You might also want to consider other tools built into the client. Like generic networking and troubleshooting skills (ping, trace route, wmi, nic list, whois, dns, shares, services, time sync, wake on lan, etc..) All of which Terminals has and more!

    Also, storing credentials in a secure manner is of importance (you would think); which Terminals does quite nicely.

    Starting connections via the command line has been something that was asked about quite allot, which Terminals handles.

    Terminal Server Administration (sessions and remote machines)

    Tagging and grouping of connections

    RAS/VPN Dialup Connection – literally allows you to connect to your VPN sessions within the client itself. Handy when you need to VPN quite allot.

    Thanks!

    -Rob

  21. Michael Pietroforte Michael says:

    Rob, thanks for the comment. The features you named are certainly interesting. I will consider some of them next time. I just found the Auto Scale feature and corrected my table. Thumbnails are for displaying miniature windows of all your RDP connections. This allows you to switch between them.

  22. dennyhalim says:

    one thing is important for me.

    which of this apps support automatically establish an ssh tunnel before opening other connections (vnc/rdp/ica) ???

  23. Phil says:

    Does anyone know if it is it possible to run any of these RDP clinets from a USB memory drive?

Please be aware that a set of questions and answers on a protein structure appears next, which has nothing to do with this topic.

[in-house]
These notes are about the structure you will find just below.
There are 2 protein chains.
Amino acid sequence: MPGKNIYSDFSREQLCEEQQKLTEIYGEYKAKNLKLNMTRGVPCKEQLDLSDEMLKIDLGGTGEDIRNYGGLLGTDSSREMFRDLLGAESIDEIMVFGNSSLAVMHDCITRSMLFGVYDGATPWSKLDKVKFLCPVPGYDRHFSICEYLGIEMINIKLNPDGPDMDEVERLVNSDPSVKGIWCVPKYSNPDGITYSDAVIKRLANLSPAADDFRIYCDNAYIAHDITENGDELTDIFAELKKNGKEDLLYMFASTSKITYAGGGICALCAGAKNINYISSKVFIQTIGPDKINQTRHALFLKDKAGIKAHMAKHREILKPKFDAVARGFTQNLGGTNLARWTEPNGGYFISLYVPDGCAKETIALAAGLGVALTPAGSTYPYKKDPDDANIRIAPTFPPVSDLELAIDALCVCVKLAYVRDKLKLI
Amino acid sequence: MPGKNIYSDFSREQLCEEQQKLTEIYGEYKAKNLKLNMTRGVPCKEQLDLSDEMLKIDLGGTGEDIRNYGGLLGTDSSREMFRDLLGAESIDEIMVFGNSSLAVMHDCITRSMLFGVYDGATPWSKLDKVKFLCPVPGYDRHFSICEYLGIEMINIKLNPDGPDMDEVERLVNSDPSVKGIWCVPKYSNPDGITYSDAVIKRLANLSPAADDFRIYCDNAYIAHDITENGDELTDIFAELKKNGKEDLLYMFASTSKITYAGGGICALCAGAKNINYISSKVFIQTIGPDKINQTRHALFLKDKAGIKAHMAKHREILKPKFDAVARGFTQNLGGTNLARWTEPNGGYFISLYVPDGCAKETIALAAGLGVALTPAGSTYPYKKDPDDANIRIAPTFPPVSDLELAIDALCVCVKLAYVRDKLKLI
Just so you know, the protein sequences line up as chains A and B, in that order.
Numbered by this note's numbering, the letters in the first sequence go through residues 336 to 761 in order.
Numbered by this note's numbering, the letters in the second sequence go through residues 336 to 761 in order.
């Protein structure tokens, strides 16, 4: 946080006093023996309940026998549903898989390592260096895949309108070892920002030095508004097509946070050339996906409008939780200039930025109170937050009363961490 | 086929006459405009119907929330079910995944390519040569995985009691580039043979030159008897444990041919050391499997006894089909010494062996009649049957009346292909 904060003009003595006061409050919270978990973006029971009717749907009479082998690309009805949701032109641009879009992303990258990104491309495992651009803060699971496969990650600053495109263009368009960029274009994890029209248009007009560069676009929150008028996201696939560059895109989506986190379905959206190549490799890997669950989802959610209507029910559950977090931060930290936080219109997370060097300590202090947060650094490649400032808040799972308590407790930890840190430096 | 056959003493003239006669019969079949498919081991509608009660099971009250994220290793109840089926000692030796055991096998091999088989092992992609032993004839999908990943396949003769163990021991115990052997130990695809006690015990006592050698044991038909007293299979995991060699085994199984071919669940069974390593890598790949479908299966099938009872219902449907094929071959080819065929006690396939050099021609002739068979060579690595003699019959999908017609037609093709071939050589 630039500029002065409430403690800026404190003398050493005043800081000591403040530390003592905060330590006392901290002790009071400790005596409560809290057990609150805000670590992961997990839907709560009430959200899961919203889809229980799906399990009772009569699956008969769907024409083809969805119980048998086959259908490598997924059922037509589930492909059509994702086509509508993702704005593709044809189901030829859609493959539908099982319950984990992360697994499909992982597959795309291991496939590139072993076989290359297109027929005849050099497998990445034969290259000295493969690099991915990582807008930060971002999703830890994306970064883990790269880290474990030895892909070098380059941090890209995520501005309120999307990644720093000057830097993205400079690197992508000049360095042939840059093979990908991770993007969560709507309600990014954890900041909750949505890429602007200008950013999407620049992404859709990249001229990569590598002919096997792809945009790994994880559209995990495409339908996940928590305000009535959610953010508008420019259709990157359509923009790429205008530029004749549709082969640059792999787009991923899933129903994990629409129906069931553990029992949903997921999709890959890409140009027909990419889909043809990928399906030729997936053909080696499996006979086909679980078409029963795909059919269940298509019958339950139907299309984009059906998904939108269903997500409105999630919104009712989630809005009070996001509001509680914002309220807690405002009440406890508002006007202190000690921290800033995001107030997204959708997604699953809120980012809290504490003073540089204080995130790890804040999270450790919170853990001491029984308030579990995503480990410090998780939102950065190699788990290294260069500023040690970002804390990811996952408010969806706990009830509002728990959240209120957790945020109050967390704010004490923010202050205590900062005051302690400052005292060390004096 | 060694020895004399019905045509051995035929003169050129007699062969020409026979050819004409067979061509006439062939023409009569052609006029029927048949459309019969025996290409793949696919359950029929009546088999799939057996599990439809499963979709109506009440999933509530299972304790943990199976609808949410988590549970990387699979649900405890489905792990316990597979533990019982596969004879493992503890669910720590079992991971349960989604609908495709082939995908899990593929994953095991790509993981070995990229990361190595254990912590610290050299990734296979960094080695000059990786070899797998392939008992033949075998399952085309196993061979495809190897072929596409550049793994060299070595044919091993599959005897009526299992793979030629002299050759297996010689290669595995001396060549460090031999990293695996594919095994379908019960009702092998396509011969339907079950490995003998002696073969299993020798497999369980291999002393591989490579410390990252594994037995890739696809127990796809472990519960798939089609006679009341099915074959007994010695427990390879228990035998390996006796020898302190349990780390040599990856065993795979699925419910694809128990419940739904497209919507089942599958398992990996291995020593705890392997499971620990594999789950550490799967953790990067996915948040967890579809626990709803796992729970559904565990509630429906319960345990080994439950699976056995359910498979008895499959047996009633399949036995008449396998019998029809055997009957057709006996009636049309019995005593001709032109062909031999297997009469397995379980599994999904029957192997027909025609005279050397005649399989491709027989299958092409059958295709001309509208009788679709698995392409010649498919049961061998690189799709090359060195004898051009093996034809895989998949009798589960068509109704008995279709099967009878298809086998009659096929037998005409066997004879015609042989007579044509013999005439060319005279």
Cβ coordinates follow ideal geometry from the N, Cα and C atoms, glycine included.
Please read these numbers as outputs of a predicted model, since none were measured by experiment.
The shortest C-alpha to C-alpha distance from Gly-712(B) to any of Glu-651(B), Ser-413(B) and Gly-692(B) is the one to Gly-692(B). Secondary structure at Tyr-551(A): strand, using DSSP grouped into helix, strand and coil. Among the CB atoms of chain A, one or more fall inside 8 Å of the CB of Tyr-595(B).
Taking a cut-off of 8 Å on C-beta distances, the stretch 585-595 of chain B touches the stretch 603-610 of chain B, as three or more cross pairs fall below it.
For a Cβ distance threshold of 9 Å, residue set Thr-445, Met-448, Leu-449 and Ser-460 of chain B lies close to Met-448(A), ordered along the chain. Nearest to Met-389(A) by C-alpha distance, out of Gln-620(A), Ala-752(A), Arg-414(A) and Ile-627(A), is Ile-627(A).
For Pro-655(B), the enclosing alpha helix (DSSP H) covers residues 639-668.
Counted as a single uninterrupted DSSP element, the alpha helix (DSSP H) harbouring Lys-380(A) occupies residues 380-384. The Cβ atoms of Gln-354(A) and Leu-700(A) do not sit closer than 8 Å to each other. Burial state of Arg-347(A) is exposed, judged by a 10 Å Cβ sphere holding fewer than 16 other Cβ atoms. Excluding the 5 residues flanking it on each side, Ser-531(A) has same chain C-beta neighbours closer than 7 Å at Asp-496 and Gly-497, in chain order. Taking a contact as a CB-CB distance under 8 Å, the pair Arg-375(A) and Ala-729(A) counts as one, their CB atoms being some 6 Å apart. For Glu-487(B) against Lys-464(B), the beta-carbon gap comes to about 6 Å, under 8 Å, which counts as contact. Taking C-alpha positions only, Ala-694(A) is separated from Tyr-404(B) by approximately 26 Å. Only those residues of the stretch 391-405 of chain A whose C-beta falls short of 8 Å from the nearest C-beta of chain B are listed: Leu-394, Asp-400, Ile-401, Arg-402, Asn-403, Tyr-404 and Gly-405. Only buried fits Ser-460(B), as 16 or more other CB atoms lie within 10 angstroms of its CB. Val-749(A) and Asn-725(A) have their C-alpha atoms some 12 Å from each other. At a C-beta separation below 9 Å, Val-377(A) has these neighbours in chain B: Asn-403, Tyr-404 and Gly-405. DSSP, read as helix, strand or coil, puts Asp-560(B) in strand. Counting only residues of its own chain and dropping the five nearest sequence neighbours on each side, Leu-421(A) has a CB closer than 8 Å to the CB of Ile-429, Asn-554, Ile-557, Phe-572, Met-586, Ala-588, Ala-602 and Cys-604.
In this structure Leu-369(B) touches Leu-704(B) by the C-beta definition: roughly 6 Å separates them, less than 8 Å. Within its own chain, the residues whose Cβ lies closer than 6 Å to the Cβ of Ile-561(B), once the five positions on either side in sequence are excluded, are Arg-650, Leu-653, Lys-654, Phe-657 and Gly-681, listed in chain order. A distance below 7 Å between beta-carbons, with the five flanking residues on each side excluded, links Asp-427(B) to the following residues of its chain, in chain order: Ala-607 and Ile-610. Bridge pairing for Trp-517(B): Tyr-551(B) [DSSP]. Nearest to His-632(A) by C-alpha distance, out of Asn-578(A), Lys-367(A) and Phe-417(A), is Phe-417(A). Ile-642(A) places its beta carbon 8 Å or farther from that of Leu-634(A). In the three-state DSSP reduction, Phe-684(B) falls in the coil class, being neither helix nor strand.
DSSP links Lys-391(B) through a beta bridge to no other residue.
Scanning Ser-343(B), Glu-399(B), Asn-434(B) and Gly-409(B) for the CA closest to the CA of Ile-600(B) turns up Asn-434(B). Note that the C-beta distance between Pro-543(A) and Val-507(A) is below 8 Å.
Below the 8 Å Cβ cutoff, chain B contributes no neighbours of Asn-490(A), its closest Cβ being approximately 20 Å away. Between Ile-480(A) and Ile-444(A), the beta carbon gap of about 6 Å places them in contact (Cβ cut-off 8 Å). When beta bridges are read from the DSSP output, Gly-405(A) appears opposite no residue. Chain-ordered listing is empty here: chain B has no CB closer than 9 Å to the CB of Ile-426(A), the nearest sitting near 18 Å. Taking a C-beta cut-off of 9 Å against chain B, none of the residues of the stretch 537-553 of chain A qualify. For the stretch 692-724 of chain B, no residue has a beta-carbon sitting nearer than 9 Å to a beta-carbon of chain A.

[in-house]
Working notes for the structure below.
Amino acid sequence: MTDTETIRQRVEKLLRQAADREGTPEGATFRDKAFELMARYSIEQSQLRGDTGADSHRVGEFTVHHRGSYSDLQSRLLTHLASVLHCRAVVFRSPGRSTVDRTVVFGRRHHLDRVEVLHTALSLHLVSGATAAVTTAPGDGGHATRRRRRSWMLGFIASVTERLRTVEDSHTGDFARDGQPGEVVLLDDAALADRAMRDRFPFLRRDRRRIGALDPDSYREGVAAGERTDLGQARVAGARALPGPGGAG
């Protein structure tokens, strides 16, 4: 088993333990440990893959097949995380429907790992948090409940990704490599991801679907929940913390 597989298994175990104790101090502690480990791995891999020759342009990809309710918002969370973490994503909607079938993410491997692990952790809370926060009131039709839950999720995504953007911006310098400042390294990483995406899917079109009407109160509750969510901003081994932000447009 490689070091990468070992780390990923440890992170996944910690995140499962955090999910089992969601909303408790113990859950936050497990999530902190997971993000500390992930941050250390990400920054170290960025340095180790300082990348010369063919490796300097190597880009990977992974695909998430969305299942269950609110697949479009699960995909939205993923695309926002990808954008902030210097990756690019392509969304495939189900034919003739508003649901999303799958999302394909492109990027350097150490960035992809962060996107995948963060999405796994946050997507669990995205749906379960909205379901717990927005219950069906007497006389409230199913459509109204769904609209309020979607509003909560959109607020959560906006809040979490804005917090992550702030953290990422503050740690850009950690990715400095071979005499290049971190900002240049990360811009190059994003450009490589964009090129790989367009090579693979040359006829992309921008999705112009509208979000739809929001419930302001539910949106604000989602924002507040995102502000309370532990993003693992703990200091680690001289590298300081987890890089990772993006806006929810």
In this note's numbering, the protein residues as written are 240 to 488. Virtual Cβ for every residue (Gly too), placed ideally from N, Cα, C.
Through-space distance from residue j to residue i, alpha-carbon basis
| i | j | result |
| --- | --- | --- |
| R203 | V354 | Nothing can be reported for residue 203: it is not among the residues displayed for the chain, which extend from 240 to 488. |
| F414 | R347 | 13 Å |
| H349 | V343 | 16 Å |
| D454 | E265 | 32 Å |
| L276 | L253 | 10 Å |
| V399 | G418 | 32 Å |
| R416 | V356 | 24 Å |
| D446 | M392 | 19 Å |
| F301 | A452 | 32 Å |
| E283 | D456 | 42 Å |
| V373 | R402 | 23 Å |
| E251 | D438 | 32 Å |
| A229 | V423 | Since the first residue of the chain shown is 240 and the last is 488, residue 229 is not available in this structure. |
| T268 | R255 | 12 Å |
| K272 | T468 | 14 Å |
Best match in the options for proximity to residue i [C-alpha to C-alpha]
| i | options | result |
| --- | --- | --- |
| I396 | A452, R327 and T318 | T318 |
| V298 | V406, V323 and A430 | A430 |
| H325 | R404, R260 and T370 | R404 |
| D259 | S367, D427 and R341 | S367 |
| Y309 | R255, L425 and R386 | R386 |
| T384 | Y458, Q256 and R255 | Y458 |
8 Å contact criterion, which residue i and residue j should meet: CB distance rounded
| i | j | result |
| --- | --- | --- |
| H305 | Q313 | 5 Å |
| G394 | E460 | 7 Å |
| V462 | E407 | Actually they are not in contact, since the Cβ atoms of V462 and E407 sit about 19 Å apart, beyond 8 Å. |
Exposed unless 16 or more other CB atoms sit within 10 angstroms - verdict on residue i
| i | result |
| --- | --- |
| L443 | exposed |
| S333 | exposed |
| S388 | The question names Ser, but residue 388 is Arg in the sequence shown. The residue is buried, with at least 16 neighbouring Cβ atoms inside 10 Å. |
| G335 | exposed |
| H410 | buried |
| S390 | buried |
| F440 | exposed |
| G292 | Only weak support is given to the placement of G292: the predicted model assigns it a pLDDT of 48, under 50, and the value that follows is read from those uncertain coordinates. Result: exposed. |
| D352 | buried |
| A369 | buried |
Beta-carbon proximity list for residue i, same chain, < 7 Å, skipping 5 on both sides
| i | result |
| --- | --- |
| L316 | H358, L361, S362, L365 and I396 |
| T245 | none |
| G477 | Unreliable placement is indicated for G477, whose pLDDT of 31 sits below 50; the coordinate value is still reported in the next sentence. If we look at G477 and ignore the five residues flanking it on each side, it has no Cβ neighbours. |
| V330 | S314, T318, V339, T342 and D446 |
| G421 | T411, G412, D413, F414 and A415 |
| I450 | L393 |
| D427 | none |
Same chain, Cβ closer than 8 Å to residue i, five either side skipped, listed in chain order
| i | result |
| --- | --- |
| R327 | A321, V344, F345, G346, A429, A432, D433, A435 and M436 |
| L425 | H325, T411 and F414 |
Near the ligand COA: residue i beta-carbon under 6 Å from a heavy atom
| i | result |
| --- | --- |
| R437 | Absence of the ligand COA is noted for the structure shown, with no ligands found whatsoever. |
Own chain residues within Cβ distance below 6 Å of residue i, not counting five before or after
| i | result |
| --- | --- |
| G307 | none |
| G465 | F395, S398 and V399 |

Thanks for any help.

    Phil

  24. Alex says:

    iShadow2Go – portable version of iShadow Desktop, runs from USB, no install, no admin rights required (http://www.ishadow.com). The app has all three clients built-in: ICA, RDP and VNC.

    Unlike the traditional USB approach iShadow2Go is packaged as part of the ISO image on the flash drive which cannot be replaced (!) by an unauthorized user or be damaged by viruses.

    A note on the interesting aspect of the built-in screen capture found with iShadow – this is the only screen capture available (including professional screen capture tools) that can capture remote session screens on the client when session is obscured by other applications or have visible scrollbars.

    Example: if you look at a thumbnail generation capabilities from VRD or Terminals, neither can create a “clean” snapshot if the screen is not fully visible.

  25. skafoelix says: